A DOSE FOR J. N. BADGER

THE SIGNS OF THE TIMES, which is one of the exchanges that comes to our office, in its issue of January 1, contains an Obituary notice written by J. N. Badger, of Manassas, Virginia, in which he makes an attack upon the Baptists at Occoquan.

The obituary was of a man who had been regularly excluded from the Occoquan church, and received in a church under Badger’s care.

Now the fact of Badger’s coming to this village and attending the funeral was a matter with which we have no business whatever, and certainly such an event could be of no interest to orderly Baptists, but when he goes out of his way in writing an obituary notice to make an attack upon us, and the Church that we serve here, the affair assumes a very different shape.

So far as the deceased is concerned, we have no desire in this article to reopen his case, but we do mean to demolish the glass house which shelters “Joe” Badger while engaged in throwing stones.

Some of our readers will recall that this is the same J. N. Badger who wrote the famous or infamous defence of the Corresponding Meeting published in 1890, in which he lied and claimed that the Corresponding Meeting had committed the same disorder with which they were charged (i.e., receiving alien baptism), once before and that nothing had been said about it, and why make a fuss about it now.

To this remarkable defence one of our correspondents replied, stating that it reminded him of a man who was once arraigned for stealing a horse, and whose defence was that he had stolen one once before, and nothing was said about it, and why should he be arraigned for it now?

Badger shows in his obituary an inexcusable ignorance of all Virginia churches in stating that the deceased was baptized “in the fellowship of the Old School Baptist Church called “Bacon Race.”

This is the first time that we have ever heard of such a church. There is a place some miles from Occoquan where in former years they used to race for Bacon, and we suppose that Badger has confounded this distance race-track with the Church whose meeting place is near here. It would seem, however, that a man claiming to be a Gospel-minister ought to have sufficient discernment to distinguish between a race-track and a Gospel church, and to know that Baptists churches are never named for race-courses!

Such ignorance of the name of a Church with an honorable record of 130 years (est. 1775), located only 10 miles from his door is, we say, inexcusable. From the article in question we quote:

“In writing this outline of brother Davis’ life I feel that those who turned their backs upon him have more need of the prayers of God’s people than his own immediate family. Thank God a religion of hatred can never supplant the pure religion of the almighty love of God.”

By “the prayers of God’s people,” evidently he means the prayers of himself and his compromising associates. Now we are quite sure that, judging from the malignant persecution, the constant falsehoods, misrepresentations, and vile slander, heaped upon us in former years, had there been any efficacy in such “prayers,” we would have been in a hot place long before this! Instead of this, however, in the face of such a fierce onslaught our churches have steadily grown in love, and fellowship, to say nothing of the fact that the VIRGINIAN ANNUAL MEETING organized in 1889 with two churches, now number five.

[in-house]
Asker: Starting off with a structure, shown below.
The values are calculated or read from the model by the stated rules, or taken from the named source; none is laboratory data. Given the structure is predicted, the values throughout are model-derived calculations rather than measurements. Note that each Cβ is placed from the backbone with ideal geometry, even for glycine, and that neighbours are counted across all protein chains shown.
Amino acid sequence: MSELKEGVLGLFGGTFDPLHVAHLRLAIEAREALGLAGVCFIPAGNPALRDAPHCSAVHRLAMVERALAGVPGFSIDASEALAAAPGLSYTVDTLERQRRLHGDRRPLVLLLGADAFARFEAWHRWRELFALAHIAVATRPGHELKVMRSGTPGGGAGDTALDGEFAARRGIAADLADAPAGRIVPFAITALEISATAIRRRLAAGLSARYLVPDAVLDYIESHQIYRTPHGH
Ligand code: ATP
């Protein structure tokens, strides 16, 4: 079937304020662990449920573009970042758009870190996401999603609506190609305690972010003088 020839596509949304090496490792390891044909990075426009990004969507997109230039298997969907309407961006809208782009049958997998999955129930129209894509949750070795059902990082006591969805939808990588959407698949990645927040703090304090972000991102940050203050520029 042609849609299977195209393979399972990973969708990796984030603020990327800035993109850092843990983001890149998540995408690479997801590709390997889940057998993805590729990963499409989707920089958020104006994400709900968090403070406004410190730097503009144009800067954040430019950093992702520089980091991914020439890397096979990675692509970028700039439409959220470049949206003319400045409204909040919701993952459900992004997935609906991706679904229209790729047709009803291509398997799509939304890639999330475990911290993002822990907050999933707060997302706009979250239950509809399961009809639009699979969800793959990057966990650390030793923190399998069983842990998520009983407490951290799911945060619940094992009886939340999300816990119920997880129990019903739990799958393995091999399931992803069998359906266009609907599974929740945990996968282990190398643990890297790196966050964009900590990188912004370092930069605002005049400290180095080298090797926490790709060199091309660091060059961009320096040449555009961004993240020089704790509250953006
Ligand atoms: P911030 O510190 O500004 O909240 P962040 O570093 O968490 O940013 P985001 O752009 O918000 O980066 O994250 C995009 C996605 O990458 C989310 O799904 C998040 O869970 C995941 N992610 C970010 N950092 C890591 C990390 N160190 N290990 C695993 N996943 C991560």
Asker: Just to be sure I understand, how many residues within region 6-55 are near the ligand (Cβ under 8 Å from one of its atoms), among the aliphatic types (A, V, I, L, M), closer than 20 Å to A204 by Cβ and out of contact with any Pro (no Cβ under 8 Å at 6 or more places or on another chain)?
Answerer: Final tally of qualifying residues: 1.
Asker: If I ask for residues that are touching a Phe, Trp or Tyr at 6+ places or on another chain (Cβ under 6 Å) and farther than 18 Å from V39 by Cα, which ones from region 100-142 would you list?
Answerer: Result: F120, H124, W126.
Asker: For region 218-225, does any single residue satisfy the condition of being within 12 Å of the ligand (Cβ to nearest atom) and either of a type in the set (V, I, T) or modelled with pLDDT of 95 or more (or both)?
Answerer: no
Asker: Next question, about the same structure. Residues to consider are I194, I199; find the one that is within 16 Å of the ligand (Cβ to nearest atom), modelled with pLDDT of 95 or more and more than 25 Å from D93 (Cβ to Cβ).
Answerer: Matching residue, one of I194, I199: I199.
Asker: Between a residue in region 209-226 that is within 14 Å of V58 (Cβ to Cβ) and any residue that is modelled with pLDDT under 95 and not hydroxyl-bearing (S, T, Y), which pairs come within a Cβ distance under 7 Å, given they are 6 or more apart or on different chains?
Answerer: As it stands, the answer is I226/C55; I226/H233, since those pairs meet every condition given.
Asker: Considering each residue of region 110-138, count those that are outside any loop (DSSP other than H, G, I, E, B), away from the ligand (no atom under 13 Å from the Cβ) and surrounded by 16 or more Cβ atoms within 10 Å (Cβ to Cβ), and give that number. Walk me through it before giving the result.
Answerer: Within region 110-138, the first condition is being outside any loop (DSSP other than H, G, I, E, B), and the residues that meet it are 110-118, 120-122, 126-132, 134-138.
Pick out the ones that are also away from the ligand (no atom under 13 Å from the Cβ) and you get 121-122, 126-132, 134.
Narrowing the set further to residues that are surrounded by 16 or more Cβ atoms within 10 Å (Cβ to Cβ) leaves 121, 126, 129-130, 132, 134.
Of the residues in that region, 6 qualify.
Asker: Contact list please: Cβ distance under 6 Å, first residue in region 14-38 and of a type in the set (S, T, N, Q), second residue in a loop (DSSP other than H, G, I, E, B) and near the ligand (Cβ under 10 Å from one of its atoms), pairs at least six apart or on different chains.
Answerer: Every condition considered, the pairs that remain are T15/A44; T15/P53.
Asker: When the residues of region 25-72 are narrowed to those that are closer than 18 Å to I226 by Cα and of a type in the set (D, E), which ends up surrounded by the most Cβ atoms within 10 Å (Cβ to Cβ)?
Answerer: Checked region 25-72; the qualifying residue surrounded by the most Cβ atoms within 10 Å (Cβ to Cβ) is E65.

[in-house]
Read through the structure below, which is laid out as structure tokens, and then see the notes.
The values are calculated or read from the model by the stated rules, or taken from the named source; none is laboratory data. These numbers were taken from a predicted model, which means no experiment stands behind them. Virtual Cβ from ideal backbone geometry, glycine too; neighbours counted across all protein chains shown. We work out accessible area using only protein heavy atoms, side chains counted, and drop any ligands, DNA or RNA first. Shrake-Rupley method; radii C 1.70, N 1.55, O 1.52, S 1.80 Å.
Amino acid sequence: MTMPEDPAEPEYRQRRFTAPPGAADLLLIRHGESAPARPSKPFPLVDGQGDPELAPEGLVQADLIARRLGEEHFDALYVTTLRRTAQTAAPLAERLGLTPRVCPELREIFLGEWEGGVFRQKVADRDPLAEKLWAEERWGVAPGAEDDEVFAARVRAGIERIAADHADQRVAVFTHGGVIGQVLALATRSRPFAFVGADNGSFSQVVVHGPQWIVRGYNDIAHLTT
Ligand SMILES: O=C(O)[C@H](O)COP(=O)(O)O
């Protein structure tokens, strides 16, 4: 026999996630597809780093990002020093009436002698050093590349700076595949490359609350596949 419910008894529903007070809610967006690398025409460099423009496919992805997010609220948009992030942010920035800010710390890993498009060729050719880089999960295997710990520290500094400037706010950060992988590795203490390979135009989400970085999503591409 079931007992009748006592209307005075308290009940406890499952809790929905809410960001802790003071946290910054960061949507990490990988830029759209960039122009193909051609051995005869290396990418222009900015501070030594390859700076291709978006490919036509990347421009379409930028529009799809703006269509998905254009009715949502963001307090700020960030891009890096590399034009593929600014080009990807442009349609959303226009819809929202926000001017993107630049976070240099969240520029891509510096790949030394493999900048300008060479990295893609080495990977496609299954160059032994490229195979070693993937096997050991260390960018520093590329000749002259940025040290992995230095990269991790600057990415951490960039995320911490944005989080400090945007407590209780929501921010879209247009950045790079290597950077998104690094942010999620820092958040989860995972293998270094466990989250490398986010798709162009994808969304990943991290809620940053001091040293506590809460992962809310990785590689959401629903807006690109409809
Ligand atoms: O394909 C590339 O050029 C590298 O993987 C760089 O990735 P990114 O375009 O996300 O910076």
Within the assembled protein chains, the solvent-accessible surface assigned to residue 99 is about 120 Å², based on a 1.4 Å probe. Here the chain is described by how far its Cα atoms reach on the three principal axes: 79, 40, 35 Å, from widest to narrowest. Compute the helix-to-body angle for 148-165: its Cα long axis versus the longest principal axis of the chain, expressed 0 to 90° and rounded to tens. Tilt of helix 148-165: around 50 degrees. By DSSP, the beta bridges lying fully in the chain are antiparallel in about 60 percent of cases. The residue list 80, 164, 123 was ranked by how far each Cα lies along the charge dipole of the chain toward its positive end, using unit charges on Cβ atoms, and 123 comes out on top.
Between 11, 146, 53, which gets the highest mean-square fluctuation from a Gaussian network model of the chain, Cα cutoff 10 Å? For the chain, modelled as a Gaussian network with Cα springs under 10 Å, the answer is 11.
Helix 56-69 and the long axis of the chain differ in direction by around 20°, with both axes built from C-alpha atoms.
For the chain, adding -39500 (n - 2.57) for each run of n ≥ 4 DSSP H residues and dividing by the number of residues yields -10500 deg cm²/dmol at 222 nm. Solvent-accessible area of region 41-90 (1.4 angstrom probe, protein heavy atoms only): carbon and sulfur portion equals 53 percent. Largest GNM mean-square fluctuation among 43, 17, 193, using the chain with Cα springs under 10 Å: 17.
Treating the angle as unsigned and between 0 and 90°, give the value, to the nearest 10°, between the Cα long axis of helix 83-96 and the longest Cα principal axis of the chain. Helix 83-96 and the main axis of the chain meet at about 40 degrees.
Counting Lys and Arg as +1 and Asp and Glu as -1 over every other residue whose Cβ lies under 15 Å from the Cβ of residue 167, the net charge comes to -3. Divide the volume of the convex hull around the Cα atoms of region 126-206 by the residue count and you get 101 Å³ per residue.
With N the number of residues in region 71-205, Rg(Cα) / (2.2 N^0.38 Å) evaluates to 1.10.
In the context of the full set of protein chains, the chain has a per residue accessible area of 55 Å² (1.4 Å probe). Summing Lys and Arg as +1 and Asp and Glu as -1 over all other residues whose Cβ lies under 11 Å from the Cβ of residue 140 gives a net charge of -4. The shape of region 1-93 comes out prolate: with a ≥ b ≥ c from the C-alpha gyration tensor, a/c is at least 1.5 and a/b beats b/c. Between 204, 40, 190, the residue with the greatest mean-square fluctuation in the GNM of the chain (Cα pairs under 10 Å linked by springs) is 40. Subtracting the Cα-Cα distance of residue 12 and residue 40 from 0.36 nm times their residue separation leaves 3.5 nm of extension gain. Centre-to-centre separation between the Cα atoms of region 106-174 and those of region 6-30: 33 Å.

It is written: “The sacrifice of the wicked is an abomination to the Lord,” – Proverbs xv, 8, which we might interpret to mean the “prayers of the wicked availeth not.”

“What a terrible thing was the Cardinal’s curse,
Yet nobody was ever any the worse.”

We repeat Badger’s words that “a religion of hatred can never supplant the pure religion of the Almighty love of God.” If he means hatred against the Truth and order under which he was baptized and ordained, then we say with him that such hatred cannot supplant the love of God; but if this is his meaning, he writes himself entirely out of the possession of such love, as it would be difficult to find an article that appears more inspired by hate than his last little squib in the SIGNS, as well as his assaults upon us in former years. It is written of God’s people; “Ye that love the Lord, hate evil.” Yea, “He preserveth the souls of His saints; He delivereth them out of the hand of the wicked.” – Psalm xcvii, 10. To love God is not to love anti-christ, is not to love every false way, is not to love the enemies of God.

Joseph Badger was invited and entertained by members of the Methodist denomination upon his recent visit here. He preached in their meeting house, the bell was tolled in modern worldly style during that funeral service, and the Methodist preacher sat side by side with him in the pulpit during the service, endorsing his preaching, which was also well received by the Methodist congregation, while, though a few yards of an Old School Baptist meeting house. With a good sized congregation, not a single member either of the church or her congregation was present, and as far as we are informed, took any interest in the proceedings, which we are sure would have never been heard of among us, had it not been for the bitter and uncalled for attack upon us. . . .

We invite Mr. Badger to visit our village again. We have no doubt but what his Methodist friends here will be glad to entertain him, and to furnish him with a congregation; if for no other reason, to show their unfriendliness to us, and to the Old School Baptist exclusivism that attend our religious travel.

Such occurrences go far to unmask the hypocritical pretensions of such men to sound doctrine and good order, and are beneficial to the cause of God and Truth.

William M. Smoot,
The Sectarian, Feb. 1905.